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1 Washington Education Research Association Conference December 6, 2007 Hilary Loeb Julie Kang University of Washington, Seattle Tracy Coskie Western Washington.

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Presentation on theme: "1 Washington Education Research Association Conference December 6, 2007 Hilary Loeb Julie Kang University of Washington, Seattle Tracy Coskie Western Washington."— Presentation transcript:

1 1 Washington Education Research Association Conference December 6, 2007 Hilary Loeb Julie Kang University of Washington, Seattle Tracy Coskie Western Washington University Nancy Place University of Washington, Bothell Tapping the Contributions of Washington's Accomplished Teachers: Evidence from Four Recent Studies about National Board Certification

2 2 Overview of National Board (NB) Certification Portfolio 15 subject areas and 4 developmental levels15 subject areas and 4 developmental levels 3 classroom-based entries3 classroom-based entries 1 documented accomplishments entry1 documented accomplishments entry Assessment Center Demonstration of content knowledge at computer-based testing centerDemonstration of content knowledge at computer-based testing center 6 exercises6 exercises Monthly Support Groups Regional participationRegional participation Orientation to processOrientation to process Support throughout portfolio preparationSupport throughout portfolio preparation

3 3 Overview of Presentation  National Board for Professional Teaching Standards (NBPTS) background  Four discussions of studies about National Board Certified Teachers (NBCTs) in Washington NBCTs in high-needs schools NBCTs and the model-minority myth NBCTs as brokers for effective instruction NBCTs and teacher leadership  Questions and discussion

4 4 Discussion  What assumptions do you have about NBCTs as... learners? teachers? leaders? Please introduce yourself to someone you do not know and have a brief discussion.

5 5 Overview of Presentation: Testing Four Assumptions about NB Certification  Assumption One: Placing an NBCT in a high- needs context means that students will improve.  Assumption Two: The NB Support Group process works for all teachers.  Assumption Three: NBCTs easily integrate accomplished teaching and lead others to do so as well.  Assumption Four: Leadership opportunities are available to NBCTs.

6 6 NBPTS Background  Sizable investment in teacher development since 1987  Washington state represents supportive policy context Over 1,800 NBCTs Program housed in OSPI Strong state and union support and collaboration Numerous district-level supports and incentives Nonprofit organization devoted to improving conditions of teaching Increase in stipend for NBCTs

7 7 NBPTS Background  Impacts on student achievement  Positive gains (Goldhaber, Perry & Anthony, 2003; Cavaluzzo, 2004; Vandervoot, Amrein-Beardsley & Berliner, 2004)  No significant differences between NBCTs and general teacher workforce (Sanders, Ashton & Wright, 2005)  Impact of NB process on teaching  Changes in science teaching (Lustick & Sykes, 2006)  Changes in literacy teaching (Place & Coskie, 2006)  Differences between NBCTs and general teacher workforce (Elfers & Plecki, 2006)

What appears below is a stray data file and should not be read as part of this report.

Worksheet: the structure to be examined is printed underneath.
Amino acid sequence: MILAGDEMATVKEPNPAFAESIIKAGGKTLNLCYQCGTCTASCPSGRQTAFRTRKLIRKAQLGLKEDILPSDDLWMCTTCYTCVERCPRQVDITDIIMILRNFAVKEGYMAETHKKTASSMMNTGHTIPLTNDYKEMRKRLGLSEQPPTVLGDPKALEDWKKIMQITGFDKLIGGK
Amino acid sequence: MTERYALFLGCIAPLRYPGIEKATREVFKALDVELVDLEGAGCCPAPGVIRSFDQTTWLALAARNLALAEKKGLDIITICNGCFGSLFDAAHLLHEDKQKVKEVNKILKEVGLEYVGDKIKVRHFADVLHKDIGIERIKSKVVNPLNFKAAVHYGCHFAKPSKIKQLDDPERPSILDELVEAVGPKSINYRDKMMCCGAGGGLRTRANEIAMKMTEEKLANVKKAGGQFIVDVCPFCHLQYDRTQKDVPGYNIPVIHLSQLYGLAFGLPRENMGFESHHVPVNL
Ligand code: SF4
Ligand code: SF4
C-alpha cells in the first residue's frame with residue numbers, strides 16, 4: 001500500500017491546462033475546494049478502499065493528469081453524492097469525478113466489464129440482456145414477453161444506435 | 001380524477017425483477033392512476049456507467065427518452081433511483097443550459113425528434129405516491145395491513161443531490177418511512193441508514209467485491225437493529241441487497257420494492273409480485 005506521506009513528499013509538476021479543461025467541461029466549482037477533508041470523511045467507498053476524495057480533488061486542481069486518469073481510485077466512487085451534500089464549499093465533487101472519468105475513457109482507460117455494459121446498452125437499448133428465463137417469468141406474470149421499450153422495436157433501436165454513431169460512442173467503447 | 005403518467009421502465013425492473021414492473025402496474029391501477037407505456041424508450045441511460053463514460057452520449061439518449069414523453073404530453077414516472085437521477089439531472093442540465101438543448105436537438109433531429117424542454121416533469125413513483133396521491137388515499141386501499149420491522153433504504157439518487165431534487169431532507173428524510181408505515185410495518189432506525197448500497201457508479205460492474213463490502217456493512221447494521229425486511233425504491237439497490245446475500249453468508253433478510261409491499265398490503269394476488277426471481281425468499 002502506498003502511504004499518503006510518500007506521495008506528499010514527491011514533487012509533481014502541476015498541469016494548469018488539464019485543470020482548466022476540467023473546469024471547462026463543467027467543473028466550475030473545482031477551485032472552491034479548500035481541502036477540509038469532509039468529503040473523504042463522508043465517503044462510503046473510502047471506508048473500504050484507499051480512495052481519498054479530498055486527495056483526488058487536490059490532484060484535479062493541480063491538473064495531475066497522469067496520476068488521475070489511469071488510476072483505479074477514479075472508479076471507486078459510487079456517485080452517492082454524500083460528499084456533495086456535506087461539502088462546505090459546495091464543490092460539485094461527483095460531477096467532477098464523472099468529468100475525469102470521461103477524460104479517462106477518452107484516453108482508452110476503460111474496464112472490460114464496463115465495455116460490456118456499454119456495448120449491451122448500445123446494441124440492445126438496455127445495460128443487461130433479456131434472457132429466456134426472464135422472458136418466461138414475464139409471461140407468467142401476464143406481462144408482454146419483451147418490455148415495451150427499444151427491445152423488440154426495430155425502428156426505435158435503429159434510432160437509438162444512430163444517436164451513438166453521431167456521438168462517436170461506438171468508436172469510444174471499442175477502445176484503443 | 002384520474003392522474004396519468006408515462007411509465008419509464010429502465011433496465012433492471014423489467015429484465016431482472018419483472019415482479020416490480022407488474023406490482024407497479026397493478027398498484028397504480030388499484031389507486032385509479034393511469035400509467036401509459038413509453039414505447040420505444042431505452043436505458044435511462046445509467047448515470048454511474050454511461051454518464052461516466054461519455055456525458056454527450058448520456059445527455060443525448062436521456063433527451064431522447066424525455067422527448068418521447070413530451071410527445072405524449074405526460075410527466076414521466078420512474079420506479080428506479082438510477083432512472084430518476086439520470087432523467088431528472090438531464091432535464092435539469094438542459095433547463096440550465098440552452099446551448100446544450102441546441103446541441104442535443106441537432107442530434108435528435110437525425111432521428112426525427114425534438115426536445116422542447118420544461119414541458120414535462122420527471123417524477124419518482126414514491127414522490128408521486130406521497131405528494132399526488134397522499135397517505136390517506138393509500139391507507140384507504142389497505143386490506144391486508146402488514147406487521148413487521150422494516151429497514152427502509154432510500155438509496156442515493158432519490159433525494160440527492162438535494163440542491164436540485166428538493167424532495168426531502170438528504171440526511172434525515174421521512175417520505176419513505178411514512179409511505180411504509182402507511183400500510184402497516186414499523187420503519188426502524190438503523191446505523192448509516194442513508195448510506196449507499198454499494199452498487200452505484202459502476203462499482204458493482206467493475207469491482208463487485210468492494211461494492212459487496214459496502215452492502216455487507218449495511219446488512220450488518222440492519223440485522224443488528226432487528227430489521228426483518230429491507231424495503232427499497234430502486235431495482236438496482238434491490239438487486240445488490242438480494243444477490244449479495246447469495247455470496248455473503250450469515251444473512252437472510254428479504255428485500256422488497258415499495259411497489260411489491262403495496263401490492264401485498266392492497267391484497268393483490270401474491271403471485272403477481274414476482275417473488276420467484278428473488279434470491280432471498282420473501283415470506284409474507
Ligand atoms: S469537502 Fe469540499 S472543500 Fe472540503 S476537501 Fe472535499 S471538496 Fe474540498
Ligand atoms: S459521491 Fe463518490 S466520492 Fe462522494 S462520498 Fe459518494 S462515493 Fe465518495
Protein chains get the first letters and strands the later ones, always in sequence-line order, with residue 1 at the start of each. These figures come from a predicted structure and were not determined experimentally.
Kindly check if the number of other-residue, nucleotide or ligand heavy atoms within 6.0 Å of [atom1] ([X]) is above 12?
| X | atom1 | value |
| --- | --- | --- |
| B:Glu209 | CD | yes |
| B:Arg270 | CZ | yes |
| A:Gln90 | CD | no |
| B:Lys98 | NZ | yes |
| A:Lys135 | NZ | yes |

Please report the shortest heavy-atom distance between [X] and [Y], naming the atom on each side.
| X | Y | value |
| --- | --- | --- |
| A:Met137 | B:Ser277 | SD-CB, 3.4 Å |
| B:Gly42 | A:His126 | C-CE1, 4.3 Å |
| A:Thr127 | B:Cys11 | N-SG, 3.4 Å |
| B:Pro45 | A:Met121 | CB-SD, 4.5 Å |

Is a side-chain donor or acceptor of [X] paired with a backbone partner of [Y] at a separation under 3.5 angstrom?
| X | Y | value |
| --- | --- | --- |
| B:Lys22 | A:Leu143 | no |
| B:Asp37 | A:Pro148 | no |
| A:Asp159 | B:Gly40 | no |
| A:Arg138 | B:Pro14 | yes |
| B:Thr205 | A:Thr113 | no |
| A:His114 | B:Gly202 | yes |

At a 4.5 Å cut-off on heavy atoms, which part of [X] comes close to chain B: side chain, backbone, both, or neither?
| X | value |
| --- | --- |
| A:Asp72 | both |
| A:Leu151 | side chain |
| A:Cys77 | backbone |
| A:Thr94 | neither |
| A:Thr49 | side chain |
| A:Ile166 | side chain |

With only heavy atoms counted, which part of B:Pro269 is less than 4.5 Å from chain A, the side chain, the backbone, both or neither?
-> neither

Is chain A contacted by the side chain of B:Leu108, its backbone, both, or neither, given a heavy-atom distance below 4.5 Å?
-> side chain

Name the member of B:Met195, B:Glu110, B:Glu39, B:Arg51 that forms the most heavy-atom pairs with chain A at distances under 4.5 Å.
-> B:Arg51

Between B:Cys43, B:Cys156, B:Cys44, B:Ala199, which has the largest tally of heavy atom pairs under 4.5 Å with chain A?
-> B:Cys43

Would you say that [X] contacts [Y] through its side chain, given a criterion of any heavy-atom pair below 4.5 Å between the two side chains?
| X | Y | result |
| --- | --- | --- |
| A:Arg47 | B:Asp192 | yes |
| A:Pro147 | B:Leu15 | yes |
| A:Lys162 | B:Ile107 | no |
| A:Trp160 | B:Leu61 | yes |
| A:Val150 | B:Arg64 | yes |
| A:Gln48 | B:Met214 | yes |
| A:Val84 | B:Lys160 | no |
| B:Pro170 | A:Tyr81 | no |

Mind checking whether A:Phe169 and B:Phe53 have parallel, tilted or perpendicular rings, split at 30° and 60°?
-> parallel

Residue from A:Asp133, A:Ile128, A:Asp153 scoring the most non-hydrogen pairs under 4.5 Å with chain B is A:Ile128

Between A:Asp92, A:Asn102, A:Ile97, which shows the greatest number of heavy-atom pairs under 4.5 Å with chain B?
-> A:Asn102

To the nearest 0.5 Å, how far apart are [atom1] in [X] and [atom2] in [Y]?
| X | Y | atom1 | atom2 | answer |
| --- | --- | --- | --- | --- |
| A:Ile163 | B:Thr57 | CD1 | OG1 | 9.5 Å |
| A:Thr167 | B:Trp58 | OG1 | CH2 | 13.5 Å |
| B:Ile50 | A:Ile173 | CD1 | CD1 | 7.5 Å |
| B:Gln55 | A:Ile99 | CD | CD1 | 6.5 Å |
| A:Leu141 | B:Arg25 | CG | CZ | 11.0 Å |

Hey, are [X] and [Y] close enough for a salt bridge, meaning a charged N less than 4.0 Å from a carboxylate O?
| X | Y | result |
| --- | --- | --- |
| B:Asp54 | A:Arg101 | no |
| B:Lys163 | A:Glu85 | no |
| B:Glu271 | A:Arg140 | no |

8 8 NBPTS Background  Distribution and assignment  NBCTs are less likely to work in high-poverty schools or schools with large proportions of students of color (Humphrey, Koppich & Hough, 2005, 2006)  Importance of state context (Sykes, Anagnostopoulos, Cannata, et al. 2005)  Impacts on teacher leadership  Evidence of leadership roles and responsibilities (Sato, Hyler & Monte-Sano, 2002)  Lack of mobility to high-needs schools (Humphrey, Koppich & Hough, 2005, 2006)

9 9 NBCTs in High Needs Schools: Study Questions 1. Are NBCTs more likely than their counterparts who have not earned the advanced certificate to hold beliefs and report practices that are well-suited to the needs of students of color and students living in poverty? 2. What accounts for the shared beliefs and practices of NBCTs in high-needs schools? 3. In what ways do NBCTs in high-needs schools perceive policies and supports that might encourage larger numbers of NBCTs to work in schools serving greater proportions of students of color and those from low-income households?

10 10 Inquiry Methodology: Iterative Mixed- Methods Design Fast- response surveys of WA teachers Phase 1 Semi-structured interviews Review of NBPTS Standards and policy documents Phase 2

11 11 Question 1: Comparing NBCTs and the General Population of Teachers  Deeper knowledge of assessment NBCTs reported that they integrate assessment into classroom instruction more extensively (35% vs. 13% strongly agree)  Greater engagement in professional learning NBCTs invest more time: 6.6 vs. 5.9 days in calendar year  Greater participation in teacher leadership NBCTs more frequently reported selecting textbooks and other instructional materials (89% vs. 56% reporting a fair amount or a great deal of involvement)  Stronger affinity for cultural competence NBCTs more likely to discuss issues of race, language and ability that are part of our world (89% vs. 65% a moderate amount or a great deal)  Need for continued growth in serving students of color Half of NBCTs do not see themselves as very prepared to manage the diverse learning needs in their classrooms

12 12 Question 2: Accounting for the Shared Beliefs and Practices of NBCTs - NB Certification Effects  Greater use of collaborative learning structures associated with NB Certification experience  Increased use of and formative assessment and use of multiple assessment tools  Greater rigor in instruction  Greater flexibility in viewing student progress  Deepened knowledge of individual students  Outreach to parents and caregivers And I would say I’ve gotten much more…my assessments become much more multifaceted. I would say, the beginning of my teaching career we studied something and then we’d take the test. And I would say I’ve gotten much more…my assessments become much more multifaceted. And so we’ll have discussions, and I’m getting much better...So I have group open book quizzes, not just end of book tests. I have the kids do presentation or essays or writing poetry. I would say I do a lot of variety. It’s no longer read the book and answer the question (Interview, Laura Pritchard, 5/8/06).